MercyCare continues to take advice from the WA Department of Health and the Australian Government on the COVID-19 pandemic regarding the health and safety of our service users and staff. Read the latest information and updates.

Close alert

Early Learning celebrates NAIDOC 2021

9 July 2021

Kangaroo skins, lemon myrtle biscuits and bush tomato scones, cultural scavenger hunts, bush tucker plants, plenty of Dreamtime stories and so much more. MercyCare’s 14 Early Learning Centres did a tremendous job celebrating NAIDOC Week 2021.

Here are just a few highlights:

Ballajura: Our educator Nikki brought in artefacts loaned to her by her uncle, a Wadjak man with strong connections to Ballardong and Wilman clans of the Noongar Nation. The children beamed as they adorned the yarn headbands and engaged in songs with the clapping sticks. Nikki shared her knowledge of the boomerang and kangaroo skin as the children felt the weight and textures of these tools and materials. The kangaroo skin is used as a pouch which Nikki demonstrated for the children by draping it over her head and tucking the tail end over the rest of the body.

Merriwa: Our Merriwa Early Learning Centre kindy and vacation care classes headed to Yanchep National Park for an Aboriginal cultural experience. The children learnt the emu dance, with one hand up for the emu head and the other resting under their elbow or behind their back for a tail. They pecked on the ground, looked around, scratched themselves and ran. Host Derek Nannup shared Dreamtime stories, introduced items including boomerangs, spears, shields, baskets, kangaroo bags and didgeridoos, and explained how to make fire. Did you know Noongar people kept fire embers in a Banksia seed when travelling to make it easier to start the next fire? Children and our educators alike agreed it was the most amazing experience and felt very lucky to learn about the world's oldest culture.

Kelmscott: Move over Nigella, our talented bunch of Kelmscott MercyCare MiniChefs are here! The children in the Chuditch room learnt to bake lemon myrtle biscuits which they also took home to share with family. Did you know lemon myrtle is traditionally used as medicine for centuries by Indigenous Australians due to its antibacterial properties?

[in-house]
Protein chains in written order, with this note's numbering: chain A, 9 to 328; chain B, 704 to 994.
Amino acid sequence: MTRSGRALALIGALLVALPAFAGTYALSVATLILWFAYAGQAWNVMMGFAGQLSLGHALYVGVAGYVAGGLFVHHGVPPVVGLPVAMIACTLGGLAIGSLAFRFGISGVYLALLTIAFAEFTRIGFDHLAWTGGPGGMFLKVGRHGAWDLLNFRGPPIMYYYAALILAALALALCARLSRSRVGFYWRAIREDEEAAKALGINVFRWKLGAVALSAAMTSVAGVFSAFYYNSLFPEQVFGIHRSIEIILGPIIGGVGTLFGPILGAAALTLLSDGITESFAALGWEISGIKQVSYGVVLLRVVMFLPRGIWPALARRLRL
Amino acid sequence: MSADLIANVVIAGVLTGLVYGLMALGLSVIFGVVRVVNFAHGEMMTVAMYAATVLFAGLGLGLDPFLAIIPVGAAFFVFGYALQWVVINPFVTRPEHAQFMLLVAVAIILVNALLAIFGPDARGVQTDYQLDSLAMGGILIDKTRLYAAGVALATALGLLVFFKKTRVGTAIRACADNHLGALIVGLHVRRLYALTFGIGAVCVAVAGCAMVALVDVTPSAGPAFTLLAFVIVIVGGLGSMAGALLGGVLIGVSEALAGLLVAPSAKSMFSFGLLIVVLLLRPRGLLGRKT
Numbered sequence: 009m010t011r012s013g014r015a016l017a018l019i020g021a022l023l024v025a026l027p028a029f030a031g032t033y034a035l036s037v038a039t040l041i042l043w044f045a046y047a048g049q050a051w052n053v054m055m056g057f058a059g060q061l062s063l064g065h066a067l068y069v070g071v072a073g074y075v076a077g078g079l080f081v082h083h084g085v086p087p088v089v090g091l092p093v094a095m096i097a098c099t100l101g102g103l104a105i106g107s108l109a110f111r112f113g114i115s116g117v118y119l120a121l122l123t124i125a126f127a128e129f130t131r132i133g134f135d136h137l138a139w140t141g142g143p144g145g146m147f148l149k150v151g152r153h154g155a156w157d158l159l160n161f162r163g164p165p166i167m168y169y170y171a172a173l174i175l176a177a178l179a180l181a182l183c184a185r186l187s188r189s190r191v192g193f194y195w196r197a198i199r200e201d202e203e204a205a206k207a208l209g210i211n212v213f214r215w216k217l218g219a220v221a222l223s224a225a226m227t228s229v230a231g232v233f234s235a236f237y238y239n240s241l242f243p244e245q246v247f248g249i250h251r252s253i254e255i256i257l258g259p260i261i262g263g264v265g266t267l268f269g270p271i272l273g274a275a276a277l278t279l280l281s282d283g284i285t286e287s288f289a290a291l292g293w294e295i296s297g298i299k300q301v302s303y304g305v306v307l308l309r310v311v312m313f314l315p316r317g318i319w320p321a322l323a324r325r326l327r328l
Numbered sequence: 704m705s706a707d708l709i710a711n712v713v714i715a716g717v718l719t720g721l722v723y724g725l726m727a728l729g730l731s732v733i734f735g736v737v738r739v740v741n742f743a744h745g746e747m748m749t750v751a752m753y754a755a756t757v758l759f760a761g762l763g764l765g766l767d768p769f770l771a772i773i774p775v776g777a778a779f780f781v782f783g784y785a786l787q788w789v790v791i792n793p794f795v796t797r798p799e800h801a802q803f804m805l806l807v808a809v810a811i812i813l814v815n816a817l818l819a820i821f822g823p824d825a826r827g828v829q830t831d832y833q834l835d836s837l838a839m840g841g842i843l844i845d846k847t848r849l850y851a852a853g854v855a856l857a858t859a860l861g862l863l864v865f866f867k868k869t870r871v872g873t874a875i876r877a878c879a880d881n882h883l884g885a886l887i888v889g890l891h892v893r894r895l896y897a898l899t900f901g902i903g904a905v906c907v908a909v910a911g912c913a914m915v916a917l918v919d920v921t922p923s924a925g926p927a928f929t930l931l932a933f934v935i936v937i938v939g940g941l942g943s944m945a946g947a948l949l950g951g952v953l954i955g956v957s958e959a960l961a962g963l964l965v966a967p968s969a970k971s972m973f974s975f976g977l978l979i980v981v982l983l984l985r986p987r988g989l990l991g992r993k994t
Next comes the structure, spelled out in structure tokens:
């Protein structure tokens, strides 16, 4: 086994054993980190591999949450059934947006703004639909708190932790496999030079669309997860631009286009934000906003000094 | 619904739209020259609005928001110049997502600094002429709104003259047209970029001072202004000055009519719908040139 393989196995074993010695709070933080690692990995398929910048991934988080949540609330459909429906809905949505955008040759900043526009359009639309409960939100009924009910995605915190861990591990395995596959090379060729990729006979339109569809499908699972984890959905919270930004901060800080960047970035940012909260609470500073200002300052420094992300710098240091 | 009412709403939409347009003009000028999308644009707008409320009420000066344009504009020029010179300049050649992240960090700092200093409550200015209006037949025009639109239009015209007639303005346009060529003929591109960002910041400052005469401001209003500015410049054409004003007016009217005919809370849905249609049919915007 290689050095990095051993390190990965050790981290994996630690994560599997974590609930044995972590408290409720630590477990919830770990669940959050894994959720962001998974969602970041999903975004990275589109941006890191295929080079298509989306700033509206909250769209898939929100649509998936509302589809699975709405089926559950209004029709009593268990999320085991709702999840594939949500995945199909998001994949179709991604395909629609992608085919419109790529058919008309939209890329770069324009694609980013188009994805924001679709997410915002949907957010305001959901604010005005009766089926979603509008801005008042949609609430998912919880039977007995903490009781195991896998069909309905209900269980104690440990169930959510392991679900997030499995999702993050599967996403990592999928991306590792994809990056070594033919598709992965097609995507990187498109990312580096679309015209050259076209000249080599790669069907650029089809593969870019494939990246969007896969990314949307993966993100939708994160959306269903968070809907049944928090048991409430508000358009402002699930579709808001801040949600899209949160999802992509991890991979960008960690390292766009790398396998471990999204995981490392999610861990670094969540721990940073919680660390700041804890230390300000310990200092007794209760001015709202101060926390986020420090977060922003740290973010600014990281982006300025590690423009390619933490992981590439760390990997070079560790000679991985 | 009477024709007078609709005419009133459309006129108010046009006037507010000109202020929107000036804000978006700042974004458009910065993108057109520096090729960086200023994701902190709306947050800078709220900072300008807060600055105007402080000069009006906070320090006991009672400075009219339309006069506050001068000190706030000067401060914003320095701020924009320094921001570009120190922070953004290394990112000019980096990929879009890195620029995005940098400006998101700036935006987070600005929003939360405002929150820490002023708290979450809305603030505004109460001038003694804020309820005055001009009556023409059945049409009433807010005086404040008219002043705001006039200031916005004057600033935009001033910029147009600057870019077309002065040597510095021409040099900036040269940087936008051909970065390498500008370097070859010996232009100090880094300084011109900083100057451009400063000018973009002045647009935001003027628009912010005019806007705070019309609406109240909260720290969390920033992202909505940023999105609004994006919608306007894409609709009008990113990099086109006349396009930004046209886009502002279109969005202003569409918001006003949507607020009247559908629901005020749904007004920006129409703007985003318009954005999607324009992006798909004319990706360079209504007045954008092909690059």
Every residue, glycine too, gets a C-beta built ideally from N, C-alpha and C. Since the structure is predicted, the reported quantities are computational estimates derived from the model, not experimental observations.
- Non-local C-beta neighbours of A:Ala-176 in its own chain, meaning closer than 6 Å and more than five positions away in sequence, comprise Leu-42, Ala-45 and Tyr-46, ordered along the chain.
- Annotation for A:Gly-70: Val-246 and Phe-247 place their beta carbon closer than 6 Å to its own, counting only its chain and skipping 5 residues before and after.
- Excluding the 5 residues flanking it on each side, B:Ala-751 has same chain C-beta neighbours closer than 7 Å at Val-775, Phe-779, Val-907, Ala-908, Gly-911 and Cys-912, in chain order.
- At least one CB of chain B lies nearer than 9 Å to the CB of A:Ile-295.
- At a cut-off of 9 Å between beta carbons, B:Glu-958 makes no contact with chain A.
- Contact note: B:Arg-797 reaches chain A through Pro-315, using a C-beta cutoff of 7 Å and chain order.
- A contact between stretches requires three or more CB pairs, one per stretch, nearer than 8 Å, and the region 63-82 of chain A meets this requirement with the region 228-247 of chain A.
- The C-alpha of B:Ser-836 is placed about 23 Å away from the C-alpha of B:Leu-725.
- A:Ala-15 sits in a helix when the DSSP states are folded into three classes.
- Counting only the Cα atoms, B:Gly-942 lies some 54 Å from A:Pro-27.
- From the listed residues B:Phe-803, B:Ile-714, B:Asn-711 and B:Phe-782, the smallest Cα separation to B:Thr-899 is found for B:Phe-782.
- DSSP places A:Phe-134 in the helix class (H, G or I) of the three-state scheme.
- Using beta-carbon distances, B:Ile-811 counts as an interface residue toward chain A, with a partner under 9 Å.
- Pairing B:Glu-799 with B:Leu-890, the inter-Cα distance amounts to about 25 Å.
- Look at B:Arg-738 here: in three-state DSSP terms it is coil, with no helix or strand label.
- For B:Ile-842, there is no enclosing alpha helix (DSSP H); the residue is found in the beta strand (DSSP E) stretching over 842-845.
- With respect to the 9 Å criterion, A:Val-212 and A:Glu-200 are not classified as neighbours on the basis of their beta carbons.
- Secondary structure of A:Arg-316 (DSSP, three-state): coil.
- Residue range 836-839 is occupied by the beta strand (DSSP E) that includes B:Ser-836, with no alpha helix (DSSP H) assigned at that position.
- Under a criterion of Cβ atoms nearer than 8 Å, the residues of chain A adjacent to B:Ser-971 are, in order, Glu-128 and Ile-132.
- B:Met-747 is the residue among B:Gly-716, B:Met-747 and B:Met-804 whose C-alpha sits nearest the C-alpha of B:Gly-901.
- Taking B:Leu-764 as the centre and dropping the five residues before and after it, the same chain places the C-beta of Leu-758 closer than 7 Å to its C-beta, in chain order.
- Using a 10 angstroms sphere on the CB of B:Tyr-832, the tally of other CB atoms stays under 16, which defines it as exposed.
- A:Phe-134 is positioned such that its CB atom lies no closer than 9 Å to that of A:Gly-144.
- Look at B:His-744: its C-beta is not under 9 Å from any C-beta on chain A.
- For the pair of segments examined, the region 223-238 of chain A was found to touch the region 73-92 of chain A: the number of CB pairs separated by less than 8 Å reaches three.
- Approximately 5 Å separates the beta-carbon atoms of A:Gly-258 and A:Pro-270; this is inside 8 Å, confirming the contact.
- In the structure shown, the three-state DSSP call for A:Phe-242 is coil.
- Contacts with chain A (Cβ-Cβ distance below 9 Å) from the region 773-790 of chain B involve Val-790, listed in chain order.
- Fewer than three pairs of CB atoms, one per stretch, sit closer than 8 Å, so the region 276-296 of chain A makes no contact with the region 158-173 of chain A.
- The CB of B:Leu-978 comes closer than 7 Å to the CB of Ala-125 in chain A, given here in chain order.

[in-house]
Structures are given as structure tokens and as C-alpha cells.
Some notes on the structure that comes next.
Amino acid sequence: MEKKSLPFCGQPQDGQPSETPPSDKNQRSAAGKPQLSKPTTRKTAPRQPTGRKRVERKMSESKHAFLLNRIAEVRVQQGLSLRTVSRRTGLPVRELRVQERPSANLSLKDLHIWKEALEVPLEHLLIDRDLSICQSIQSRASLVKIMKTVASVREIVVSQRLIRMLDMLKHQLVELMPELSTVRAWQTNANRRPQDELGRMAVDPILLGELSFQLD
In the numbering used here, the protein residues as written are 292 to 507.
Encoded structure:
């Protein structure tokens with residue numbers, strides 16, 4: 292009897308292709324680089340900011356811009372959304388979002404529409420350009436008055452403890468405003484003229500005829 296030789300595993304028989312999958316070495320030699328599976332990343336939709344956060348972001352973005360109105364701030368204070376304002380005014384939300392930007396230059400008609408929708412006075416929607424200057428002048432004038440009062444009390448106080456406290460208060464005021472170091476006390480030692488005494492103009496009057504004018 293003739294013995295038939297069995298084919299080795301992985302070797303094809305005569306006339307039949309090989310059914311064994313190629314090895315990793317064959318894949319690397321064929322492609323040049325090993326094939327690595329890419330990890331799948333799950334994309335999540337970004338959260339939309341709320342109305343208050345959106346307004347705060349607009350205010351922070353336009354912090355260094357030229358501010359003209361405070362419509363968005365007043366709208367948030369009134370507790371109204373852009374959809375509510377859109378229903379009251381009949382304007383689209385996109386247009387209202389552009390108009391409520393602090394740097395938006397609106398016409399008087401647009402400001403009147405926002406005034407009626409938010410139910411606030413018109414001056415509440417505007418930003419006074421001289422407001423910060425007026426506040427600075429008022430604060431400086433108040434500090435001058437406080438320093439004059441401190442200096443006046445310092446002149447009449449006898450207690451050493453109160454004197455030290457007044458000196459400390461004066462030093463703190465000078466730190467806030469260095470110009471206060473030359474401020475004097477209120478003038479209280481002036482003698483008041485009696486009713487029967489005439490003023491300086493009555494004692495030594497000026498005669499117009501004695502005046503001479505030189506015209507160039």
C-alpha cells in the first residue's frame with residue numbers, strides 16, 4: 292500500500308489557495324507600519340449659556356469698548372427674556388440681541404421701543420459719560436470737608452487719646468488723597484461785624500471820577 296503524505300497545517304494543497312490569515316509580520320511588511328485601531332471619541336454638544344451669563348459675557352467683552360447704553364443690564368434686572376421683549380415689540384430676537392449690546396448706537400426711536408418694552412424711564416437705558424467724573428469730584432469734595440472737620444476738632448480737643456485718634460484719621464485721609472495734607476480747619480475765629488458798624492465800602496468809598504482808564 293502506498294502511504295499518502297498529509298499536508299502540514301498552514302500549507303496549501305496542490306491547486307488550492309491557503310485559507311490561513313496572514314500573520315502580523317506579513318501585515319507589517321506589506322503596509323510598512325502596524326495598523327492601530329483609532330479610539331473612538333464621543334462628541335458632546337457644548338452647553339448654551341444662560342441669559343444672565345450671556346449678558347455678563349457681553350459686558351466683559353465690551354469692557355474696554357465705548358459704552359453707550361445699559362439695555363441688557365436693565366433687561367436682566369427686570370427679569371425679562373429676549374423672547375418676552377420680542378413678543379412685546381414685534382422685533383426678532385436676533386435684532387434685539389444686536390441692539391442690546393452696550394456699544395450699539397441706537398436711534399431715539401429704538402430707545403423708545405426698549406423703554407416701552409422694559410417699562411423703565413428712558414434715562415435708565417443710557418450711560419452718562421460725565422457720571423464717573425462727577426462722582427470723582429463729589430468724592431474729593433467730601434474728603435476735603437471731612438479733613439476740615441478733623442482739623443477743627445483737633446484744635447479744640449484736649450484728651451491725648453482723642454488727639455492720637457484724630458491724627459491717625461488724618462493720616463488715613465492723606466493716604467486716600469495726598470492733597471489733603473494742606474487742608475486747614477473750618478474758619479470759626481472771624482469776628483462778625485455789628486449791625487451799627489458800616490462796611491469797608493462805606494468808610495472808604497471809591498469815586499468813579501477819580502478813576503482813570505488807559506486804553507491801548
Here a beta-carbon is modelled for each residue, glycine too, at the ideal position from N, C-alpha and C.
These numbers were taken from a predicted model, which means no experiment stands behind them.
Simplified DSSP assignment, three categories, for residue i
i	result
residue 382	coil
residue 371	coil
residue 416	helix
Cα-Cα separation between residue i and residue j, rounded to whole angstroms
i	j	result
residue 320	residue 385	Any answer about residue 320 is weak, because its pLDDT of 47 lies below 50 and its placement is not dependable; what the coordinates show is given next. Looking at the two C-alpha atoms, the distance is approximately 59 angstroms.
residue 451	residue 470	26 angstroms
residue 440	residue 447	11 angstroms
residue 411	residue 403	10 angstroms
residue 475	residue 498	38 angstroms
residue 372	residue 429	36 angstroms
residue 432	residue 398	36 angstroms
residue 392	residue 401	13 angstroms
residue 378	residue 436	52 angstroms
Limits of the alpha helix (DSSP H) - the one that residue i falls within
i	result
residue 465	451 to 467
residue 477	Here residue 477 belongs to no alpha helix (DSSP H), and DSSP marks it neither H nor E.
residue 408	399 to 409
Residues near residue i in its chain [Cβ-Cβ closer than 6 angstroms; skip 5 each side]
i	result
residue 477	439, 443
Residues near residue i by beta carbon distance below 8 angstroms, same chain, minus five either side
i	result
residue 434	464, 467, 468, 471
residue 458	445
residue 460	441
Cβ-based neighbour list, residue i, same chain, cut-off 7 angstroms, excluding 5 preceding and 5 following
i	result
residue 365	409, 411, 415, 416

Landsdale: Landsdale weren’t about to miss out on MiniChef either. The lucky Landsdale kindy families enjoyed bush tomato scones made by our little MiniChefs.

Wembley: The thriving vegetable garden received new bush tucker plants and the children explored Jambinu Zest (Geraldton Wax) using all their senses. Jambinu Zest has edible needle-like leaves and waxy flowers similar in flavour to a Lemon Myrtle.

Bennett Springs: Our educators created Dreaming Story Stones using Australian animals and Aboriginal symbols. The children picked out their favourite stone and the educators told them a Dreamtime Story related to the stone. Natural materials of paperbark, gum nuts, leaves and sticks were used by the children to create beautiful artworks.

Bassendean: Our educator Dona created the cutest Derbarl Yerrigan (Swan River) model for the children to explore. When identifying the different objects in the model, our educators added a tag with the Wadjak language name of the object.

Banksia Grove: The children had a special visit from Koora Middi. Presenter Greg Nannup talked about our history and showed some amazing Aboriginal Artifacts. Children also made one of the first pigments used by humankind – ochre. The children crushed the soft rock, which contains clay, to create the ochre which they then painted with using sticks. What a great way to learn about how ancient Aboriginal art was created.

Heathridge: The babies painted hand-made tap sticks that they will be using for Acknowledgement of Country each day, while the kindy children had a go at painting their own Aboriginal art-inspired pieces. The children came together in a yarning circle to talk about what Heal Country meant to them.

Seville Grove: The babies room got in on NAIDOC celebrations by exploring the different colours of the Aboriginal and Torres Strait Islander Flags! They then made shakers with the flag colours, identifying the colours along the way.

Newman College OSHC: It was a day out at Rio Tinto Naturescape Kings Park for MercyCare's Newman College Out School Hours Care. The children learnt about the Noongar season of Makuru in Kaarta Koomba (Kings Park), enjoyed Noongar storytelling and a cultural scavenger hunt.

Thornlie: The Bunuru room explored Indigenous symbols and their meanings, putting a lot of research into exploring the meaning of totems.

Back To News